Season the halibut with salt-and-pepper on both sides, if you don’t like to see black specks on your white fish, use white pepper instead. Place the fish, skin side down on the plank. Michael puts his fish on a foil lined baking tray for easy clean up. Joe, who is the resident fish cooker, put our well soaked board directly on the oven rack. . Brush the first half of the glaze on the fish. This is where discrepancy number three comes in. The online written recipe states to cook the fish for 30 minutes. On the TV program, Chef Symon says it cooks in about 8 minutes or 5 under the broiler! Where is the truth here? We rely on the Canadian fisheries method of cooking fish which estimates the total cooking time of any fish to be 10 minutes (maybe even a little less ) for every inch of thickness, measuring at the thickest part at 450°F.

While the fish is cooking, you will have time to make the herb salad. It’s a combination of thinly sliced radishes, cilantro, and scallions tossed with lime juice and extra-virgin olive oil. We just finished our first crop of radishes and there’s lots of cilantro coming up “wild” in the circle garden. Don’t despair cilantro haters, Michael said any soft herb (as opposed to one that is woody,  like rosemary) could be used. That would include parsley, dill and chervil. The amount of herb salad for the online recipe feeding four people/three pounds of fish was a reasonable portion for two so scale up the recipe if you are cooking a larger quantity of fish.

I would definitely make this recipe again, the wood smoke lightly permeates the fish and the kitchen, an added bonus. The glaze is easy, using mostly pantry ingredients. Michael Symon also pointed out that this method for cooking fish could be easily done on the grill, an added bonus for the summer months to come.

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Soak the wood plank for several hours or overnight. Just be sure it doesn’t float to the top!
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Fresh halibut from Alaska.
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Ingredients for the marinade.

 

 

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Half of the marinade is brushed on before it goes in the oven.
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While the fish is cooking, make the herb salad. I sliced the radishes as thinly as possible on a mandolin.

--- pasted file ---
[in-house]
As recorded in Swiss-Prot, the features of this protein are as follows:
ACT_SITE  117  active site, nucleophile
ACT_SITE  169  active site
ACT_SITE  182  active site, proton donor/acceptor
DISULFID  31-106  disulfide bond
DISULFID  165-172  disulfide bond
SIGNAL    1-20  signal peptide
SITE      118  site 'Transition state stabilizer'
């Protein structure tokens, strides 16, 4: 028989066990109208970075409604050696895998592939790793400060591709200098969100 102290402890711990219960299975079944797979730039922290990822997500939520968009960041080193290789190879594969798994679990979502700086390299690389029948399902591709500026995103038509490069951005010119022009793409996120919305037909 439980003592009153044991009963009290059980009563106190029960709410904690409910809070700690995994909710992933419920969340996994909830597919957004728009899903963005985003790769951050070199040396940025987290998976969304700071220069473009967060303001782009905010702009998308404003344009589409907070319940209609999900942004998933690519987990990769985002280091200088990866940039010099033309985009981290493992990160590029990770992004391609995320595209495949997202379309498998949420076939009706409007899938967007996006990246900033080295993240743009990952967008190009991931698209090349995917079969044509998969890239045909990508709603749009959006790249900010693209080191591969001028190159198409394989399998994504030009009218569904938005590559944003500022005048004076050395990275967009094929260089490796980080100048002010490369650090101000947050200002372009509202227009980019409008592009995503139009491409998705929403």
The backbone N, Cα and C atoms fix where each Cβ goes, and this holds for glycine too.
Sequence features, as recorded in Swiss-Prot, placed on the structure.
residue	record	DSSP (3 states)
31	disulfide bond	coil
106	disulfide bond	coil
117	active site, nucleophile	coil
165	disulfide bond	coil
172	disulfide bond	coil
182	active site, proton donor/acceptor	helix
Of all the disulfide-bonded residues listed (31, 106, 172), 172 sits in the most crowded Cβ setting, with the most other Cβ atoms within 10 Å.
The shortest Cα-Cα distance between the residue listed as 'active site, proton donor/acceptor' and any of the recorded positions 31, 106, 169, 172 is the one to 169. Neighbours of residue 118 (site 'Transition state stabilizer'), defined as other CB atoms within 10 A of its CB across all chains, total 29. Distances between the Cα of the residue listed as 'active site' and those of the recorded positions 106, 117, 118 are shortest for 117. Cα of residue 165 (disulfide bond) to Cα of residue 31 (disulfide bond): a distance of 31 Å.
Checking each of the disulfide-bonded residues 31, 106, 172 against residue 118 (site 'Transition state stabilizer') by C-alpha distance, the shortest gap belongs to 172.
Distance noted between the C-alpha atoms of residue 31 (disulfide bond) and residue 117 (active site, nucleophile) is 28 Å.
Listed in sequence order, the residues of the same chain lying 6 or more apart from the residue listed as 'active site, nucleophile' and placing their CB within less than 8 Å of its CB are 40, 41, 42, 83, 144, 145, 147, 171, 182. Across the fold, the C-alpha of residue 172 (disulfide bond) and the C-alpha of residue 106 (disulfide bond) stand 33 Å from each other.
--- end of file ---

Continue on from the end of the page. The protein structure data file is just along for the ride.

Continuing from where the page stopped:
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Cilantro comes up in our garden on it’s own. If you don’t like cilantro, use parsley.
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Brush the remaining glaze over the fish after cooking.

Wood Planked Halibut with Herb Salad

Serves 2

Ingredients

  • 2 T tamari or soy sauce
  • 2 T dijon style mustard
  • ¼t wasabi from a tube, more or less to taste
  • 2 T honey
  • 12-16 oz halibut
  • 1 c  thinly shaved radish
  • ½ c cilantro leaves
  • ½ c scallions, sliced thinly on the diagonal
  • 3 T olive oil
  • ½ lime juiced
  • 1 cedar plank submerged in cold water for 2 hours and up to overnight
  • Kosher salt and freshly ground black pepper

Directions

  1.  Preheat oven to 450°F Line a baking sheet with foil and place the plank on it.
  2.  In a medium sized bowl add the soy, mustard, wasabi and honey. Mix until smooth.  Divide the glaze evenly into two bowls.
  3. Season the halibut on both sides with salt and freshly ground pepper. Place on the plank. Brush the contents of the first bowl evenly over the fish. Measure the fish at it’s thickest point to calculate the amount of time it needs to cook. The Canadian fisheries method of cooking fish is ten minutes per inch, measuring at the thickest part of the fillet, start checking at eight minutes, halibut is a fish that “puffs up” when cooked so a little additional time may be needed. Don’t overcook,  fish still continues to cook after you take it off the heat. Remove fish from oven and brush with additional glaze.
  4. While the fish is cooking add radishes, scallions and cilantro to a medium bowl. Season with salt and pepper. Add olive oil and lime juice, toss to combine.
  5. Serve halibut with herb salad.